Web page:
When you implement disk caching in an Operating System Kernel, all applications automatically see the benefit: the data caching happens without their knowledge. Since the Operating System ensures that on-disk copies of data are always the same as the cached copies, the data that an application reads is never out of date.
With web caching, however, there is a chance that the original data can change without the cache knowing. Squid uses refresh patterns (described in chapter 11) to decide when cached objects are to be removed. If these rules are too agressive, you could end up serving stale objects to clients. Even if these rules are perfect, an incorrectly configured source-server could get Squid to return old objects. Because users could retrieve an out of date page, you should not implement caching without their knowledge.
Squid can be configured to act transparently. In this mode, clients will not configure their browsers to access the cache, but Squid will transparently pick up the appropriate packets and cache requests. This solves the biggest problem with caching: getting users to use the cache server. Users hardly ever know how to configure their browsers to use a cache, which means that support staff have to spend time with every user getting them to change their settings. Some users are worried about their privacy, or they think (that since it's a host between them and the Internet) that the cache is slower (certainly not the case, as a few tests with the client program will show).
However: transparent caching isn't really transparent. The cache setup is transparent, but using the cache isn't. Users will notice a difference in error messages, and even the progress bars that browsers show can act differently.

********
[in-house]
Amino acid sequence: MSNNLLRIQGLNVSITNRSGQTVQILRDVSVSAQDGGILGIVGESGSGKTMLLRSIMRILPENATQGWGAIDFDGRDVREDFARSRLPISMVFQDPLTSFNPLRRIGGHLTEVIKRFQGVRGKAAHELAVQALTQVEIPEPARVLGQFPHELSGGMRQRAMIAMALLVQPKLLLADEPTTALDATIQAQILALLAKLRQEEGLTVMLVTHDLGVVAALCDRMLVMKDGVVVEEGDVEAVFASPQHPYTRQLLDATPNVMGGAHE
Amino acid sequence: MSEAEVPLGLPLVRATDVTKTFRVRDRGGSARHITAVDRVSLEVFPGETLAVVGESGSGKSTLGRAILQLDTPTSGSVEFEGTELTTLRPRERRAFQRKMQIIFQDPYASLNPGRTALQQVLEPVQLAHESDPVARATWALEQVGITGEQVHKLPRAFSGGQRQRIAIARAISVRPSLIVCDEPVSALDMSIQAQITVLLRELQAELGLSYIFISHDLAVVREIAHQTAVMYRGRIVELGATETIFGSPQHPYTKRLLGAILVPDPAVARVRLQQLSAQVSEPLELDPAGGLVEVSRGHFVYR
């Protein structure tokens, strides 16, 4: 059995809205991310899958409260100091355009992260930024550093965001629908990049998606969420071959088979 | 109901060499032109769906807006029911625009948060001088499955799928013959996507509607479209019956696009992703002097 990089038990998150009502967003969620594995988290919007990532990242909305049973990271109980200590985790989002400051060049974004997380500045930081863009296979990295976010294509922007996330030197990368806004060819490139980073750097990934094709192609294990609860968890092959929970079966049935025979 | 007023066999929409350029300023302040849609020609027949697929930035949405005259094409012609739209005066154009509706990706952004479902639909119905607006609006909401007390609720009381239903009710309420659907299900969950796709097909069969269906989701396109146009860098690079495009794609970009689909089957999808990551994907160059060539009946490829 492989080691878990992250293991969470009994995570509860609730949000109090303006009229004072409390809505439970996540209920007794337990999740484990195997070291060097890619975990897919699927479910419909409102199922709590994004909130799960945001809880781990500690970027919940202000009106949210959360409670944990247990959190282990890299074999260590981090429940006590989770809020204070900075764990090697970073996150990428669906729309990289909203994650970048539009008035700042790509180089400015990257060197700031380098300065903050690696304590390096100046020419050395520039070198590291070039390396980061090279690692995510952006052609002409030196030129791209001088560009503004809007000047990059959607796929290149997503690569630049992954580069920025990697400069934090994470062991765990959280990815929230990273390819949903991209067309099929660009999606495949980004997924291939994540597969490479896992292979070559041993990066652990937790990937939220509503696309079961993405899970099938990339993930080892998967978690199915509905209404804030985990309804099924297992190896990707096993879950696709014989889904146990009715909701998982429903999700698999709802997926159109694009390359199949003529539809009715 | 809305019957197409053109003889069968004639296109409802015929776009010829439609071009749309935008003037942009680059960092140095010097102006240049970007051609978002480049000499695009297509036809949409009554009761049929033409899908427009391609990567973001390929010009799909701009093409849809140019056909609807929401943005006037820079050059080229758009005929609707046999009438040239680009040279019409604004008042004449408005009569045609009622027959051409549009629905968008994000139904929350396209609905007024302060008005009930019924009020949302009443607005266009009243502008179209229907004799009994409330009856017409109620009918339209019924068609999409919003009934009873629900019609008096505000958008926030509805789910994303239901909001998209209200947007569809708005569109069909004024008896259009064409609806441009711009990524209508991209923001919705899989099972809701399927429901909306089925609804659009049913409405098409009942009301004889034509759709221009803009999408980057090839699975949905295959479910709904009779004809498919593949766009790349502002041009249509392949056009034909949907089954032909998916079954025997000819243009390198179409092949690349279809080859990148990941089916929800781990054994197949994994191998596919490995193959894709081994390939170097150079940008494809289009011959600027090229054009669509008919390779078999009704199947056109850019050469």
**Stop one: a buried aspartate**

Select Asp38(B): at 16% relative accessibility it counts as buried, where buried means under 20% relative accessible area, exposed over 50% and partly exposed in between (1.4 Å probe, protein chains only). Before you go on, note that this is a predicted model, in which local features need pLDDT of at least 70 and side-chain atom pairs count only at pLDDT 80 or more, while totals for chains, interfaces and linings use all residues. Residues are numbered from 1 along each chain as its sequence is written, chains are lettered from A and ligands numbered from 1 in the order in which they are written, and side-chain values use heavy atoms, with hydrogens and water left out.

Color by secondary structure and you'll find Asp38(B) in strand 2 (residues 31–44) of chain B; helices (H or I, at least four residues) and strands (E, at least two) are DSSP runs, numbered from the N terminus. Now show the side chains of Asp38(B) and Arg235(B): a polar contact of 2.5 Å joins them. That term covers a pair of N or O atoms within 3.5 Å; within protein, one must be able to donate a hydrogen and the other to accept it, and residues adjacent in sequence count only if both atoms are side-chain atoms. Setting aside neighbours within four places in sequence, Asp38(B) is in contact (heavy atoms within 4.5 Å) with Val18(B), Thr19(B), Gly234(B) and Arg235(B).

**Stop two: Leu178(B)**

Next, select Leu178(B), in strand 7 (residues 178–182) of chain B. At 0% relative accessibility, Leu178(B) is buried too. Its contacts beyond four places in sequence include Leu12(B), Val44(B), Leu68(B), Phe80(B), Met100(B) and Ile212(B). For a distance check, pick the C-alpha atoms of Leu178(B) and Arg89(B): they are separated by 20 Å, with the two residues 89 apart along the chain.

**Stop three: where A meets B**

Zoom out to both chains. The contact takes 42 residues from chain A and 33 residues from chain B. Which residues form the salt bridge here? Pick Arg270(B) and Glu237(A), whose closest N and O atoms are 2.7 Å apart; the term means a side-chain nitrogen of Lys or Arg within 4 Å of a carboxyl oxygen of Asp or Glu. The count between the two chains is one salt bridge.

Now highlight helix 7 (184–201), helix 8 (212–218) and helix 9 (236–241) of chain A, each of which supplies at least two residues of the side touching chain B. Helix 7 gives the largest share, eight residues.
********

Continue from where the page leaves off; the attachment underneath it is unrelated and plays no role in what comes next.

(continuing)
When Squid transparently caches a site, the source IP address of the connection changes: the request comes from the cache server rather than the client machine. This can play havoc with web sites that use IP-address authentication (such sites only allow requests from a small set of IP addresses, rather than authenticating requests with a name and password.)
Since the cache changes the source IP address of the connection, some servers may deny legitimate users access. In many cases, this will cost users money (they may pay for the service, or use the information on that site to make money.)
If you know your network inside out, and know exactly who would be accessing a site like this, there is probably no problem with using transparent caching. If this is the case, though, it might be easier to simply change all of your users' settings.
Dialup ISPs generally have little problem implementing transparent caching, since dialup customers almost always get a different IP address whenever they connect. They cannot thus access sites which require a static IP address, so when requests start coming from the cache server there is no problem.
ISPs which transparently cache leased-line customers are the most likely to have problems with IP-authenticating servers. If you are phasing transparency in for such an ISP, you must make sure that your customers know all the implications. They must know how to refresh pages (and who to tell if they find such out-of-date pages, so that the Squid refresh rules can be changed), and how the source IP address is going to change. You must not simply install the transparent cache and hope for the best!